A group of concerned Texans last year filed a lawsuit seeking to block the $350 million cut to Medicaid, the federal-state insurance program for the poor and disabled, from taking effect. That group included speech, physical and occupational therapy providers and the families of children who receive their service. They argued that the cuts were so steep that providers would have to close their businesses and forgo seeing as many as 60,000 children.

In September, the Texas Supreme Court declined to hear their case, upholding a lower court's ruling that the lawsuit lacked standing.

The commission and several health insurers with state contracts have spent the last year arguing that the cuts will not cause children to lose access to services. State officials point to a state-commissioned study that found in-home therapy providers were overpaid by Medicaid when compared to other public insurance programs.

But Stephanie Rubin, chief executive of the advocacy group Texans Care for Children, said in an e-mailed statement that schools will now have more students who will struggle in classrooms and need expensive special education services. 

"This is terrible news for Texas kids with disabilities and developmental delays and their families," Rubin said. "Kids with autism, speech delays, Down syndrome, and other disabilities and delays rely on these therapies to learn to walk, communicate with their families, get ready for school, and meet other goals."

The advocacy group recently released a report outlining how enrollment in the state's Early Childhood Intervention program, which provides therapy services for for babies and toddlers with disabilities, dropped 14 percent from 2011 to 2015 after continued funding cuts and policy changes.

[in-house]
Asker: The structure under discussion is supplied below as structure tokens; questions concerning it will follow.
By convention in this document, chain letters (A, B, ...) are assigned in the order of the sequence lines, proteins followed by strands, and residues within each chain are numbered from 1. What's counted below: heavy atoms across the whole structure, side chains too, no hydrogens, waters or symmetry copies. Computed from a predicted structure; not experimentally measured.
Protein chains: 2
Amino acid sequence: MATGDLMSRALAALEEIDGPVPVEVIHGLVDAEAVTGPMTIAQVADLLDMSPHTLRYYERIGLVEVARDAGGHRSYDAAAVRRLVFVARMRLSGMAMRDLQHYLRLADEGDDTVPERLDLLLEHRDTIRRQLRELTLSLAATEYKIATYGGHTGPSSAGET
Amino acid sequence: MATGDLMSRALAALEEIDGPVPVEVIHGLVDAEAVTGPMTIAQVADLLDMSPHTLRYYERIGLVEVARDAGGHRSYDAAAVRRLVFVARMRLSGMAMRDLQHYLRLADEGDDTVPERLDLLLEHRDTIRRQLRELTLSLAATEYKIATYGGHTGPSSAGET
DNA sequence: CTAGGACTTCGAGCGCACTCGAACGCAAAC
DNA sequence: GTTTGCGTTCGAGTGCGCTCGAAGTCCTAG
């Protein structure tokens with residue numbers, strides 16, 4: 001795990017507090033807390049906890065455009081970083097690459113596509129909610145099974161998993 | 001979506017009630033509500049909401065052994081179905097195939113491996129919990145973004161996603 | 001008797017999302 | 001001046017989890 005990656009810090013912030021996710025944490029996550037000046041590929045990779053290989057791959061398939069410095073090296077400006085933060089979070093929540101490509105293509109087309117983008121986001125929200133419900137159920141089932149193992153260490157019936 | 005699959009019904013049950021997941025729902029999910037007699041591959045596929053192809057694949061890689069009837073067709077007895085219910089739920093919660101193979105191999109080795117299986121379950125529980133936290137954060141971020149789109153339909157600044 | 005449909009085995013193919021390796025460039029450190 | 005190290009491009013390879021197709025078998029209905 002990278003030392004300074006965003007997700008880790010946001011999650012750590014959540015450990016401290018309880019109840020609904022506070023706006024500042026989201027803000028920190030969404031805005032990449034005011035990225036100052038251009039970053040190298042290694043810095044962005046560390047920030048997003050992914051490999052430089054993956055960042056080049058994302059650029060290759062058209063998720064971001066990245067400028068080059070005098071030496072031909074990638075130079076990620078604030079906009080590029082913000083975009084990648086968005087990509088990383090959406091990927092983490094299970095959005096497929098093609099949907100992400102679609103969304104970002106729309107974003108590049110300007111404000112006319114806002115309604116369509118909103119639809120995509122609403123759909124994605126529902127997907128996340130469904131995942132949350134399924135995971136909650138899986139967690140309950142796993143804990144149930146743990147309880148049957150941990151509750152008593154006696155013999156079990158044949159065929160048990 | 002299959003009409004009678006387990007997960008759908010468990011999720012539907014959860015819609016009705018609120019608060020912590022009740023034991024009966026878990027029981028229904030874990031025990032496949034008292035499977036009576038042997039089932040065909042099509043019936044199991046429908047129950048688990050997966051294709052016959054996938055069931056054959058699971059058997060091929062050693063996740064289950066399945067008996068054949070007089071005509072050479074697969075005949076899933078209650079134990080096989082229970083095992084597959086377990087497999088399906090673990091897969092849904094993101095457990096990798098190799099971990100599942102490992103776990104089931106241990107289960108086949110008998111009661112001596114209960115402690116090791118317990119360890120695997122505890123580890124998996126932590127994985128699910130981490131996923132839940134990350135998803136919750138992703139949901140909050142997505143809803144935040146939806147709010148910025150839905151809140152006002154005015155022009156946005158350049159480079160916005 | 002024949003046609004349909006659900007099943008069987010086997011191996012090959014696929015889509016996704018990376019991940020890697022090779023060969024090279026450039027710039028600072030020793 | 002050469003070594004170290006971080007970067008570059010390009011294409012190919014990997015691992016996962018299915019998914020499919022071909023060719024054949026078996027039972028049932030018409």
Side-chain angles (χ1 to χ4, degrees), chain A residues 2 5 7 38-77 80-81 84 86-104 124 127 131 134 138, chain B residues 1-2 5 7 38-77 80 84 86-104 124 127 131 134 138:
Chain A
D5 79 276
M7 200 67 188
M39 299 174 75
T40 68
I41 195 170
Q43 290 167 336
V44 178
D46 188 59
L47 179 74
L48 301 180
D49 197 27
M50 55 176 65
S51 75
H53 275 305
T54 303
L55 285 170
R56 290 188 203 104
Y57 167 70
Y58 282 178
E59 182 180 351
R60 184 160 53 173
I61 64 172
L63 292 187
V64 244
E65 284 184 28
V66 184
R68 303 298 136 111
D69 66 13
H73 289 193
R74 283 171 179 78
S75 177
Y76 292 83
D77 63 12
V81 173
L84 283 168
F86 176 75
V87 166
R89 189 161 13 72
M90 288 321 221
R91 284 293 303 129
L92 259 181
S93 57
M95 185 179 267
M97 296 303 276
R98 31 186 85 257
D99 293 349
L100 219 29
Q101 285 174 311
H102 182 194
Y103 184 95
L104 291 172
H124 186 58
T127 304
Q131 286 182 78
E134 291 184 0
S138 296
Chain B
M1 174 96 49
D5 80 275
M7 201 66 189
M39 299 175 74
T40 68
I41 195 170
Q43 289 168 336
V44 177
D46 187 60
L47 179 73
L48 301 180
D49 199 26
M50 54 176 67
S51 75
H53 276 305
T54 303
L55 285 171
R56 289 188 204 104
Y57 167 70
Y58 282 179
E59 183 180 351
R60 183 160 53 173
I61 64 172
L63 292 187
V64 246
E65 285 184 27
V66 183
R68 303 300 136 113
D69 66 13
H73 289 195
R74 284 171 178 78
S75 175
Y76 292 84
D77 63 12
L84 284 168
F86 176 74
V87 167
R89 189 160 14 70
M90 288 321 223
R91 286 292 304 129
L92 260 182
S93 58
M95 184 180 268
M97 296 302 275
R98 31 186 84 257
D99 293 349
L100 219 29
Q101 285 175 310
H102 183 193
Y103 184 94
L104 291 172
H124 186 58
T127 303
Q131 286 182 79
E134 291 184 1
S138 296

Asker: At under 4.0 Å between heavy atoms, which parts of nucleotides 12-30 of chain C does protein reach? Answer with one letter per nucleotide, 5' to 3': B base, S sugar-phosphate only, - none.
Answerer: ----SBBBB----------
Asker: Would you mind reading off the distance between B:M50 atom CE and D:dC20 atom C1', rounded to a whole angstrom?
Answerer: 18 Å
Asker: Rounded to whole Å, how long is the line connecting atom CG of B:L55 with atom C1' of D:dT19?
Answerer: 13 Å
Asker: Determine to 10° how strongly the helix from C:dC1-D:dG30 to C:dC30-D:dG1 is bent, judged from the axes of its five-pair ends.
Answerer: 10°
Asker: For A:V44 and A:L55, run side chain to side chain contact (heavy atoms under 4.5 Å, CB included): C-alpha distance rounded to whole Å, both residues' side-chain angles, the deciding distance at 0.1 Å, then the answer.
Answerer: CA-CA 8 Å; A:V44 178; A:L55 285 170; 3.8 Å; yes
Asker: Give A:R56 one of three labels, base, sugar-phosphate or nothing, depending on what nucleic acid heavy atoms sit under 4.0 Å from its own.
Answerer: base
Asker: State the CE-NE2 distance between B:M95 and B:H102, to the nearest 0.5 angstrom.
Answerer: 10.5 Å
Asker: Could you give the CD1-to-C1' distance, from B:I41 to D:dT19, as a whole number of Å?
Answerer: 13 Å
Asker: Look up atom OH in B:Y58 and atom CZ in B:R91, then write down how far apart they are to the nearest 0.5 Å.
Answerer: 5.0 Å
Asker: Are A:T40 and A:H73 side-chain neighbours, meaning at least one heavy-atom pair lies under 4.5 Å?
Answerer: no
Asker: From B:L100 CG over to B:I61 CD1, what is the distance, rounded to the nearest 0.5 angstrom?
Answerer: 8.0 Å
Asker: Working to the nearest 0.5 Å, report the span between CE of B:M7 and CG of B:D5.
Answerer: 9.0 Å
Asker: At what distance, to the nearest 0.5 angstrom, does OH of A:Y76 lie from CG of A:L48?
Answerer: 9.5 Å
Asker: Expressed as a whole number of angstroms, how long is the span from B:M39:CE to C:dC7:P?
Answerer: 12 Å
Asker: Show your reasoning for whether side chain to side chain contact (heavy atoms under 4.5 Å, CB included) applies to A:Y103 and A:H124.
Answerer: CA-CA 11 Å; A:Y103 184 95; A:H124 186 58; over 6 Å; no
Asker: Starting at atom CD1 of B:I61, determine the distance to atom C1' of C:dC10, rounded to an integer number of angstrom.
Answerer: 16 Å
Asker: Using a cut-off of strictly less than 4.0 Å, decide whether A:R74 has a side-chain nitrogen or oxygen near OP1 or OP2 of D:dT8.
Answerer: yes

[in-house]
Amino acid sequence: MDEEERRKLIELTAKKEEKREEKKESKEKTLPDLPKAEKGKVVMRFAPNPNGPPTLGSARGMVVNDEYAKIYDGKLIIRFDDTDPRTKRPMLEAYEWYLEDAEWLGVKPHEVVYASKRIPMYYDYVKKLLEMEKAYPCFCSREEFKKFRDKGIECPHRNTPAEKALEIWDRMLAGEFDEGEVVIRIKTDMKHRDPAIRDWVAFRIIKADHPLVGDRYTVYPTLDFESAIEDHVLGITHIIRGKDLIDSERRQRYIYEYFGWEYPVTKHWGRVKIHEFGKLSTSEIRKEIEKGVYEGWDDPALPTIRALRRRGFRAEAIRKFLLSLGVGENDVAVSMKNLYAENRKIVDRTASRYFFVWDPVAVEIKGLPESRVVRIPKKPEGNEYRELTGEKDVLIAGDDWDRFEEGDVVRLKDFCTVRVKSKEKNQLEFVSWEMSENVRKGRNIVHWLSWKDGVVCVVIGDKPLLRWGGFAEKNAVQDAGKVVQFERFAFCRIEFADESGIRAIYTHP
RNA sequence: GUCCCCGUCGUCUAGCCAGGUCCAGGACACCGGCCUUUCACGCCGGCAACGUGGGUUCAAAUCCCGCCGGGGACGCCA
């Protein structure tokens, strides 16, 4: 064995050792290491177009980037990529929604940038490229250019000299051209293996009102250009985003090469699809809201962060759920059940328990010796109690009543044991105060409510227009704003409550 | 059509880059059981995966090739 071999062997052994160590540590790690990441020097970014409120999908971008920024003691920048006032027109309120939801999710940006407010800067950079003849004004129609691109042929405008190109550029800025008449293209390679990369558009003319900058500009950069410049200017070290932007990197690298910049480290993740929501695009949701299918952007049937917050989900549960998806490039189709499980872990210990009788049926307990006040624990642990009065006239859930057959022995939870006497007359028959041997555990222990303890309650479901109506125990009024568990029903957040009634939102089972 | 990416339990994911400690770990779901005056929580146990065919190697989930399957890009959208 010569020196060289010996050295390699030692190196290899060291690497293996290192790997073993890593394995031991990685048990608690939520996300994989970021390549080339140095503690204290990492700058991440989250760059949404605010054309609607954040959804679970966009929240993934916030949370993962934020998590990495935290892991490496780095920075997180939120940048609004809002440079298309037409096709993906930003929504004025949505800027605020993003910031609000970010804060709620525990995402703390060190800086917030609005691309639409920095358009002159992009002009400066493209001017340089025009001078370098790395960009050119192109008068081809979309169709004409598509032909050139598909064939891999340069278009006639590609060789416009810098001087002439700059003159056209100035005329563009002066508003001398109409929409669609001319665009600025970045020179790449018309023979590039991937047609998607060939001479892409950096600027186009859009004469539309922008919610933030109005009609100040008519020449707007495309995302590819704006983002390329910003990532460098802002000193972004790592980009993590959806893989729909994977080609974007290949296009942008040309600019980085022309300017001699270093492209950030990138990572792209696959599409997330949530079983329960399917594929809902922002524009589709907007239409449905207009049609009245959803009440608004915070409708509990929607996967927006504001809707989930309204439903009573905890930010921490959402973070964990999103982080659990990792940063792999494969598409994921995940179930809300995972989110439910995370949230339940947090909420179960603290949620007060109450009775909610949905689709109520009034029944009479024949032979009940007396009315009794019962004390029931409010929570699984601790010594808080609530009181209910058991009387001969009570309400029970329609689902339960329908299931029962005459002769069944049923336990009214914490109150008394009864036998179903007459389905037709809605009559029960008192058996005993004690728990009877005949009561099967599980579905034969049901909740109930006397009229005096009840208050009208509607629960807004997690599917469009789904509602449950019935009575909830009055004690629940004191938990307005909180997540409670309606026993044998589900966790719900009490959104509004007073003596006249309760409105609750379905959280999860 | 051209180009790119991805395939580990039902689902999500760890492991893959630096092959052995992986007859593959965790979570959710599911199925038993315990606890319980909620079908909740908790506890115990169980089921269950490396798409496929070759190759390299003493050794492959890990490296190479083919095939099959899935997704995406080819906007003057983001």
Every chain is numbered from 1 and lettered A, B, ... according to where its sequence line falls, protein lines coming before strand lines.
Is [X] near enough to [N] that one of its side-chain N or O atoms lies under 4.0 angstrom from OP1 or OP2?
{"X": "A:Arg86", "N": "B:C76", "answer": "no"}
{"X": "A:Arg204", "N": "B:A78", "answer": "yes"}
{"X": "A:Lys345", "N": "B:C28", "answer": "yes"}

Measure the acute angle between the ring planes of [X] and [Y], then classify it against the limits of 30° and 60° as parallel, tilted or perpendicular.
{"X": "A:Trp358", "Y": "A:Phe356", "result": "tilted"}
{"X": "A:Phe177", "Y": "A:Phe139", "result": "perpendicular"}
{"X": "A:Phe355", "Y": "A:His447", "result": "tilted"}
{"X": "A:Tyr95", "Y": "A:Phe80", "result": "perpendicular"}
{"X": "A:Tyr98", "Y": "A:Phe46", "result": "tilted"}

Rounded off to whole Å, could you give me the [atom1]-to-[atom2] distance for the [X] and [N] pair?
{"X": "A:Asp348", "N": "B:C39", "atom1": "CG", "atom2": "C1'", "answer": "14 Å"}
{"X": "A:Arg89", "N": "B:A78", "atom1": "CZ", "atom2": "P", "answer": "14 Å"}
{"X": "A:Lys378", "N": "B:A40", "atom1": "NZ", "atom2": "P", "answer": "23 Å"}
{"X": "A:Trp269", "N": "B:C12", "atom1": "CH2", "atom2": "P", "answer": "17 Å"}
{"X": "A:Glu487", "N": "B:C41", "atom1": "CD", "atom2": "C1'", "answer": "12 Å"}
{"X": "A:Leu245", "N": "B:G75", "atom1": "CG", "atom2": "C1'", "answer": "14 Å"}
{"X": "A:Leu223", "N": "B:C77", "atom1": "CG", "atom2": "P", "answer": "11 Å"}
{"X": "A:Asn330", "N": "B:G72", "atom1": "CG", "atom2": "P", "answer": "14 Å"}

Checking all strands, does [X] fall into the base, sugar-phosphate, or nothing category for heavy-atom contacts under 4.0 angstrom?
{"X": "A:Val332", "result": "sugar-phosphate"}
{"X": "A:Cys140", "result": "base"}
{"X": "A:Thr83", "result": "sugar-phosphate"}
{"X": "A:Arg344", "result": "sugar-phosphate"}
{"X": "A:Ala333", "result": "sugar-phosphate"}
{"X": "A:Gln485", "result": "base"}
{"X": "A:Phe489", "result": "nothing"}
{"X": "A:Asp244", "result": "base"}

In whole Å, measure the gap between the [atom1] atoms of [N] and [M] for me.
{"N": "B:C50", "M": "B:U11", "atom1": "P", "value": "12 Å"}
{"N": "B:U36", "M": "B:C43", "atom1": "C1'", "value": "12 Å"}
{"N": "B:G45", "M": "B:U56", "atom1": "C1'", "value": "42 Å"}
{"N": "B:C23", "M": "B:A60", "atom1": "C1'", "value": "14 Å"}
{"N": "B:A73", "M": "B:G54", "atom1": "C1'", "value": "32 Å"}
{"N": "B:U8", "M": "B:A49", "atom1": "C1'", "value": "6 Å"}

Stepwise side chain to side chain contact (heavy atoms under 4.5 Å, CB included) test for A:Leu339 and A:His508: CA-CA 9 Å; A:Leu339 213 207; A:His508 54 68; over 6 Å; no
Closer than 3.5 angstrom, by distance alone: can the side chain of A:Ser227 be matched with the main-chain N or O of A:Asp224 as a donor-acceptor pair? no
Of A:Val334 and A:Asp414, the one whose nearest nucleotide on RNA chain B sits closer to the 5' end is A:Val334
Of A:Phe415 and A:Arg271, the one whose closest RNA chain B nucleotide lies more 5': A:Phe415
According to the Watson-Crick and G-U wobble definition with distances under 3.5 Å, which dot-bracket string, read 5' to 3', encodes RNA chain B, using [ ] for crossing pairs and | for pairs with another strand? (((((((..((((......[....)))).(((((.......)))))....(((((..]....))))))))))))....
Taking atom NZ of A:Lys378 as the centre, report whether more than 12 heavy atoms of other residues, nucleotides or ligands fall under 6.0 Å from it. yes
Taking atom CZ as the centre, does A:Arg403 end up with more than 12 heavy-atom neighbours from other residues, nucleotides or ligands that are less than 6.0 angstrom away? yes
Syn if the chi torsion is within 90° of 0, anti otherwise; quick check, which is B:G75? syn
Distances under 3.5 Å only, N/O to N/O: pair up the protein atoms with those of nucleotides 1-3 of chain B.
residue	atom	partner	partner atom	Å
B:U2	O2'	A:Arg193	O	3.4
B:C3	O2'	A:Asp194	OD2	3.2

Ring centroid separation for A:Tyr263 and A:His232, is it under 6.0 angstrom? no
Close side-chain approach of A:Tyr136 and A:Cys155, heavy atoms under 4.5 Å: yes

In the statement, Rubin called on Gov. Greg Abbott, Lt. Gov. Dan Patrick and legislators to stop the cuts before they take effect. 

"Our most vulnerable children and their struggling families should not bear the brunt of this shortsighted and cruel budget decision," Rubin said. "Texans are watching to see what state leaders do to protect services for these kids."

John Branham, spokesman for Any Baby Can, a nonprofit provider in the state’s Early Childhood Intervention program, said the state's cuts would likely amount to a loss of hundreds of thousands of dollars in support for the organization.

“We either close that gap or evaluate whether or not our program will be sustainable,” Branham said. “By taking therapies away from children, you’re not solving a problem, you’re just pushing a problem down the line. We’re trying to get these children school ready. The problem is not going to go away.”

What Are "Special Needs"?

What Are "Special Needs"?

By Terri Mauro

Updated May 27, 2016

One Term, Many Definitions:

"Special Needs" is an umbrella underneath which a staggering array of diagnoses can be wedged. Children with special needs may have mild learning disabilities or profound cognitive impairment; food allergies or terminal illness; developmental delays that catch up quickly or remain entrenched; occasional panic attacks or serious psychiatric problems. The designation is useful for getting needed services, setting appropriate goals, and gaining understanding for a child and stressed family.

Minuses and Pluses: